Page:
« Reply #81 on: August 24, 2008, 04:57:27 PM »
^ Can we get this guy (Candleja) banned please?

Done.  All of his posts are gone too.

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General Douchebag

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Re: Bendy light: The maths
« Reply #82 on: August 24, 2008, 04:57:48 PM »
Yay!
No but I'm guess your what? 90? Cause you just so darn mature </sarcasm>

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dyno

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Re: Bendy light: The maths
« Reply #83 on: August 25, 2008, 04:56:26 AM »
Does bendy light affect all things EM?

Magnetic fields?
X-rays?
Gamma rays?

What about particles?

Neutron radiation?
Electrons?

What about particle colliders? These things are built flat right? With the LHC does that mean we can't see the end because the light has curved up? By end I mean before it curves around. Apparently it is supposed to appear straight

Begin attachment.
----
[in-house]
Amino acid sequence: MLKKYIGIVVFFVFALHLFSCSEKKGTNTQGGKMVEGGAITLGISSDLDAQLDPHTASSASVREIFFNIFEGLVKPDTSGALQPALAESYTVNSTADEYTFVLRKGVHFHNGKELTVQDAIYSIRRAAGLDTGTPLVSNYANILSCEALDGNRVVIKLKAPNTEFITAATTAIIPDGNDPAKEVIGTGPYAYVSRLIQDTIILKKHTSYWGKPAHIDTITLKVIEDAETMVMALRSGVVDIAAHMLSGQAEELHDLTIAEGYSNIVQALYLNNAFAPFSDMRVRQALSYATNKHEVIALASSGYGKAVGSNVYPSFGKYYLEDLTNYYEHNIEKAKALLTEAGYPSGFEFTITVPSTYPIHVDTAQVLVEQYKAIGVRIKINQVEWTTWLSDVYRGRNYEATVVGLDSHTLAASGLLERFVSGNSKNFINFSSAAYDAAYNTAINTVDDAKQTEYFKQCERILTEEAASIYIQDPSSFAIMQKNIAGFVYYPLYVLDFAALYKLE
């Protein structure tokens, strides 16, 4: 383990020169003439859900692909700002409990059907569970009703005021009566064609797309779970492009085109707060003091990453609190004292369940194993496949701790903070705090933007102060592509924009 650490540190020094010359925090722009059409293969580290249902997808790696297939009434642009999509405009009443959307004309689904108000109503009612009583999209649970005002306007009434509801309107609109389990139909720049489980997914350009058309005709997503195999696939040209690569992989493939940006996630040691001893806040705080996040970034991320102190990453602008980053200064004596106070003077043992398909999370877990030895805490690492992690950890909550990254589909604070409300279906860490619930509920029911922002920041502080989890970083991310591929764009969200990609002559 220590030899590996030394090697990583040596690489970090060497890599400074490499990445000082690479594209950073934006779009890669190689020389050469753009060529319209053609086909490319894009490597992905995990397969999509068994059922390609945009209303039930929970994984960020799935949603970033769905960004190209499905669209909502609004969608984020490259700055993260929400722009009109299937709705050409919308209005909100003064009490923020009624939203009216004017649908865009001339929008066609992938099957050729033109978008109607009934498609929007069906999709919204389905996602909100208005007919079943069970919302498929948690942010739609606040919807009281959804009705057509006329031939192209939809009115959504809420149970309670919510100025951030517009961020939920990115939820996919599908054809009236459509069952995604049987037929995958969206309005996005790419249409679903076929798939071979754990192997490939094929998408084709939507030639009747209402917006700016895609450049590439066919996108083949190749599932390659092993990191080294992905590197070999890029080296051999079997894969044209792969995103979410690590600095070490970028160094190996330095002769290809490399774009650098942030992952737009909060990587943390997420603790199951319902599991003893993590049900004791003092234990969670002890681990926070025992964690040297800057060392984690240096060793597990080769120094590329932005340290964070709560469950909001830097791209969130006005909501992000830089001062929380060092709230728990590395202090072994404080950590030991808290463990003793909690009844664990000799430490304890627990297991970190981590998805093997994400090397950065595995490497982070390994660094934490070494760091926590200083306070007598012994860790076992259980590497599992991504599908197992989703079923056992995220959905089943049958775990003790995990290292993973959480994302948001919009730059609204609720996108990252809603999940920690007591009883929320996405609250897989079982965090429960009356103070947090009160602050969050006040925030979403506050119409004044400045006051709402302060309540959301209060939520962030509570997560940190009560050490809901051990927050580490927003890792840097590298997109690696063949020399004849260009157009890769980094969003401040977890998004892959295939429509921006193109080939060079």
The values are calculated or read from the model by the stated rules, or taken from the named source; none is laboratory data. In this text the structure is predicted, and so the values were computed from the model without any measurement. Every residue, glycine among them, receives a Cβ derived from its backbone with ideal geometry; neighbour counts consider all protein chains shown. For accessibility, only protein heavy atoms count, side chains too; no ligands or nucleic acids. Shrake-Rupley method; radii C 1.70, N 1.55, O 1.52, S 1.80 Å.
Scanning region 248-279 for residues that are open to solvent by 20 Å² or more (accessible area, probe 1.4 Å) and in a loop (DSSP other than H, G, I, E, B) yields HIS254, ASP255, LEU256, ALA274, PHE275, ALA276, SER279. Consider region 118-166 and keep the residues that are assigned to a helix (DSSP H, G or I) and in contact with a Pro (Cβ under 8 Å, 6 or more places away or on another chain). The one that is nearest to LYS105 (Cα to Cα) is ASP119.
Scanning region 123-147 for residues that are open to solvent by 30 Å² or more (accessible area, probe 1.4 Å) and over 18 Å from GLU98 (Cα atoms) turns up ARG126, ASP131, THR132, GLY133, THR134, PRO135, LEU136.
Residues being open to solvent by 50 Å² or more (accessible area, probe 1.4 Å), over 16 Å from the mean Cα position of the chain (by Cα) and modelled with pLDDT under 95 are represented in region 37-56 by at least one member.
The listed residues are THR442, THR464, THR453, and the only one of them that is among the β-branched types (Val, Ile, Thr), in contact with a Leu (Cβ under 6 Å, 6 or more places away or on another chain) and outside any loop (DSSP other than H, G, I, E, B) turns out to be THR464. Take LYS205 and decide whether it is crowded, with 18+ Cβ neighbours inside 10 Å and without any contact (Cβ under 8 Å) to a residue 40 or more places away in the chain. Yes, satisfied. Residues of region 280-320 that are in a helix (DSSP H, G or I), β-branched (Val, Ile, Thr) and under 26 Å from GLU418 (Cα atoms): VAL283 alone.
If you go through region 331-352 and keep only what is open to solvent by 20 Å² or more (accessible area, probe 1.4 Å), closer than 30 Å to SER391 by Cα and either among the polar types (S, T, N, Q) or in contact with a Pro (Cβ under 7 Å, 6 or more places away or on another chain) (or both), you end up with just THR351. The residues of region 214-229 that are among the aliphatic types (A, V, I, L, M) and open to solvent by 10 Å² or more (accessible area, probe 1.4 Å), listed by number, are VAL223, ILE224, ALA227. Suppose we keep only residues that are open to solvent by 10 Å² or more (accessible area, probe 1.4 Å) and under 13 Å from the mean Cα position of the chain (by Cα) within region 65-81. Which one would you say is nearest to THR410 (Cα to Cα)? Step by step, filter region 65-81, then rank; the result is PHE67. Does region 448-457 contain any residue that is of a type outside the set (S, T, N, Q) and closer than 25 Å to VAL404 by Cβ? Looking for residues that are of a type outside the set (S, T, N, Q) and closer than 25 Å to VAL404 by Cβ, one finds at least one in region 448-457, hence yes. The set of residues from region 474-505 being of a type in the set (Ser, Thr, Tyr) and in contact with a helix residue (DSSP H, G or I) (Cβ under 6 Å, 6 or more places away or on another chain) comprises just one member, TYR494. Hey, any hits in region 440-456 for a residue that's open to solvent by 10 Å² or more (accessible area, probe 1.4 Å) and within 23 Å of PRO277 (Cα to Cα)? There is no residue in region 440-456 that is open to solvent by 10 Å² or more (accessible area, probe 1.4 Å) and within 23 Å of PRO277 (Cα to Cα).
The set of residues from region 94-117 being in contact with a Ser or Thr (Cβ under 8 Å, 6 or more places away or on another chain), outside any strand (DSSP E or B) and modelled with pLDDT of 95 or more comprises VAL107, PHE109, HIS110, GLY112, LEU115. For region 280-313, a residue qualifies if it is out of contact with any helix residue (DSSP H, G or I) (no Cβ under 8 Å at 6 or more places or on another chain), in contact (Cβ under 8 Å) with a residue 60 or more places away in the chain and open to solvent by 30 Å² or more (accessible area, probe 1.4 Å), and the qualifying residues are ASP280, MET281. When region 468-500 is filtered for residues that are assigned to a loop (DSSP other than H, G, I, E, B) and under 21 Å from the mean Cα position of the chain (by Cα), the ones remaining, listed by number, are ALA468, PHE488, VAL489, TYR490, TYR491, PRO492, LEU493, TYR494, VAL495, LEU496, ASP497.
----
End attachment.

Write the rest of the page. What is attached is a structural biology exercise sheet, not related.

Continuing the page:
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Parsifal

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Re: Bendy light: The maths
« Reply #84 on: August 25, 2008, 05:03:00 AM »
Does bendy light affect all things EM?

Only electromagnetic radiation.

Magnetic fields?

Only in the special case where they form half of a photon, along with an electric field.

X-rays?

Yes.

Gamma rays?

Yes.

What about particles?

Only photons.

Neutron radiation?

No.

Electrons?

No.

What about particle colliders? These things are built flat right? With the LHC does that mean we can't see the end because the light has curved up? By end I mean before it curves around. Apparently it is supposed to appear straight